M y love and faith in Christ has called me to a life of service, whether it is on a mission trip or in the courtroom. I go on mission trips frequently to help those in economic, physical, spiritual, or emotional need. At the firm, I serve my clients by counseling them, praying for them, and working hard to meet their needs and serve them. The mission trips have been a lot of fun, and they reinforce the kind of impact you can have when helping those in need. I’ve been going on missions since 1999, and they’re always an adventure. The time I went on a mission in the Ecuadorian jungle to help run a medical and an eye clinic was quite the experience. We were two hours from the nearest road. We had to carry everything we needed to survive for six days with us as well as enough equipment to run a medical and an eye clinic in just two canoes. In those six days, we canoed to two Quechua Indian villages. While the jungle was hot and humid, we were able to sleep in the village schoolhouses. Between 20 of us, we had to sleep six inches apart from each other under a mosquito net.
We had just a lightbulb on a string and a generator to enable us to work well past dusk. We used paddles that had
the different lenses fitted into them and the lens strength marked on the side. This way, when someone approached needing glasses, they could look through each lens and determine which best suited their eyes. Everyone was very warm and welcoming, and I found they were very family-oriented. Being able to help people that needed to see up close to make a living, and seeing the tears in their eyes as some of them read for the first time in years, was an amazing thing. It’s moments like those that remind me of the impact you can have when helping anyone in need. It’s what also drives me toward helping those in our own local community. With Lions Club supplying us, we were able to provide the Quechua people with 400 prescription pairs of eyeglasses and 800 pairs of sunglasses! Because of the intensity of the sun, the Quechua people have a horrible time with pterygium, which is a fibrous growth that develops over the eyes. Eventually, someone with pterygium can lose their vision, but the sunglasses help stop the pterygium from growing any further. Everyone was very thankful for the help and resources. While we were mainly running the eye clinic, we had the opportunity to help with some other tasks, including building a church! We utilized the Quechua’s designs to construct the building. The design and their construction methods were something to marvel. The Quechua villagers wanted an octagonal building, using wood for the walls and leaves for the roof. Never had I seen such creative ingenuity with the resources they had on hand. The tools the Quechua people worked with included nails, string, a hammer, a hatchet, a machete, and a chainsaw. While we did our best with logistical planning, we don’t always know what to expect, so we let God work out the details, which is always an exciting adventure. Seeing the happiness in the eyes of the villagers when the last wall went up on the church was a beautiful reminder of the effect you have on those you help who are in need. Until my next mission, I have a willing heart and willing hands, and I’ll do my best to help those in our community by representing them the best I can.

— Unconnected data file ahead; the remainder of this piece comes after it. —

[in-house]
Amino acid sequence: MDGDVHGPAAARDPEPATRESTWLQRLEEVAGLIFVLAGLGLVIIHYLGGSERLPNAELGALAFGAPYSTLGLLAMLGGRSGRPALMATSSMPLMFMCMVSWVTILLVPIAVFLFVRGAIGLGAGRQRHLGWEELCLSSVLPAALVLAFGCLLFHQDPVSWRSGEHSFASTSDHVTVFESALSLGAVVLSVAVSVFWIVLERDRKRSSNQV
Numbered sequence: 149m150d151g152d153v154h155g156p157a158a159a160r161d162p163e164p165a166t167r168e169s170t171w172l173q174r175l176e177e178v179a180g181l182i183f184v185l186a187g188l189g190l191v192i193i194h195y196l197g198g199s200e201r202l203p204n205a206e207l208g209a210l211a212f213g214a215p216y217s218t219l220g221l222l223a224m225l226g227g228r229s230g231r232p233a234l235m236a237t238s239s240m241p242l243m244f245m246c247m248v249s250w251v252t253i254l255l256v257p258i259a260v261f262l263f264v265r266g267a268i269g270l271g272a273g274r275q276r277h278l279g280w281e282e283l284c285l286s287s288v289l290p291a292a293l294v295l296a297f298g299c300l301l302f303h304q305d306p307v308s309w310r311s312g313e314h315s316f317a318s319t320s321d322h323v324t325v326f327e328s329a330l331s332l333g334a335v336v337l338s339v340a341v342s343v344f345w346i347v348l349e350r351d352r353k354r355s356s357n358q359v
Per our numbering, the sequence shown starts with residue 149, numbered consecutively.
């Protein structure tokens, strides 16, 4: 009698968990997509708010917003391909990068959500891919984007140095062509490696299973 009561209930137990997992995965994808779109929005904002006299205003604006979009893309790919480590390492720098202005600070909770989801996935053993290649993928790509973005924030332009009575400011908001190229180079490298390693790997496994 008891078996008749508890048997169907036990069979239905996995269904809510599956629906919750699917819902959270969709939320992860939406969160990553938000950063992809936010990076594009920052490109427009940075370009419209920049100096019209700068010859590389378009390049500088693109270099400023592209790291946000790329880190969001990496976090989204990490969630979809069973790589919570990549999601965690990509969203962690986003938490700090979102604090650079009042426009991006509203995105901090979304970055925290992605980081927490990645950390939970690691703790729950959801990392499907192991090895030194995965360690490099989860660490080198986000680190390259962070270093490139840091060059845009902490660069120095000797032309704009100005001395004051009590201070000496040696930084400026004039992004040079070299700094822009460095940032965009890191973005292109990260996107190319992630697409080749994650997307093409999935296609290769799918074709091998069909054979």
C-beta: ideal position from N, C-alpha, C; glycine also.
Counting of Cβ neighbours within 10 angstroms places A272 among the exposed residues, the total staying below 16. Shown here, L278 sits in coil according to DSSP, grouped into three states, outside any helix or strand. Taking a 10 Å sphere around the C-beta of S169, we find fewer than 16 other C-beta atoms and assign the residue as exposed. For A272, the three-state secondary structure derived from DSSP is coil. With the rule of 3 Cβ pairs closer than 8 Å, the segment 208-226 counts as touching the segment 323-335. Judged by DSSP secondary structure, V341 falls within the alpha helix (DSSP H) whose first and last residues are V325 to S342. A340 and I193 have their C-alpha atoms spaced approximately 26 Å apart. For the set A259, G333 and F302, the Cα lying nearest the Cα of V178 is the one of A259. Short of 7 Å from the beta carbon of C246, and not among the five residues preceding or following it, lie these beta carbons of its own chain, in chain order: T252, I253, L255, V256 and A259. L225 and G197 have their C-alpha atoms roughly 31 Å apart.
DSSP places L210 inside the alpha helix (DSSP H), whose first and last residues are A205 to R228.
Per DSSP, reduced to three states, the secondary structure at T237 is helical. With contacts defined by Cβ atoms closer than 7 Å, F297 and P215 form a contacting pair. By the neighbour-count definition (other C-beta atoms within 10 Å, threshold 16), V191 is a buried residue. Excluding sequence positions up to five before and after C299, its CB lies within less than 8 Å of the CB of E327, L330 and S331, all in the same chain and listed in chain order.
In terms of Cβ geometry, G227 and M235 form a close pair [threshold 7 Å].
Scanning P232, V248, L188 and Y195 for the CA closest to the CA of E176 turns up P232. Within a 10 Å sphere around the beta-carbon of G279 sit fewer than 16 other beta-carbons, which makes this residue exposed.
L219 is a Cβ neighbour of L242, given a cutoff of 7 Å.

We worked from sunup to past sundown, providing proper medical and eye care for the Quechua people.
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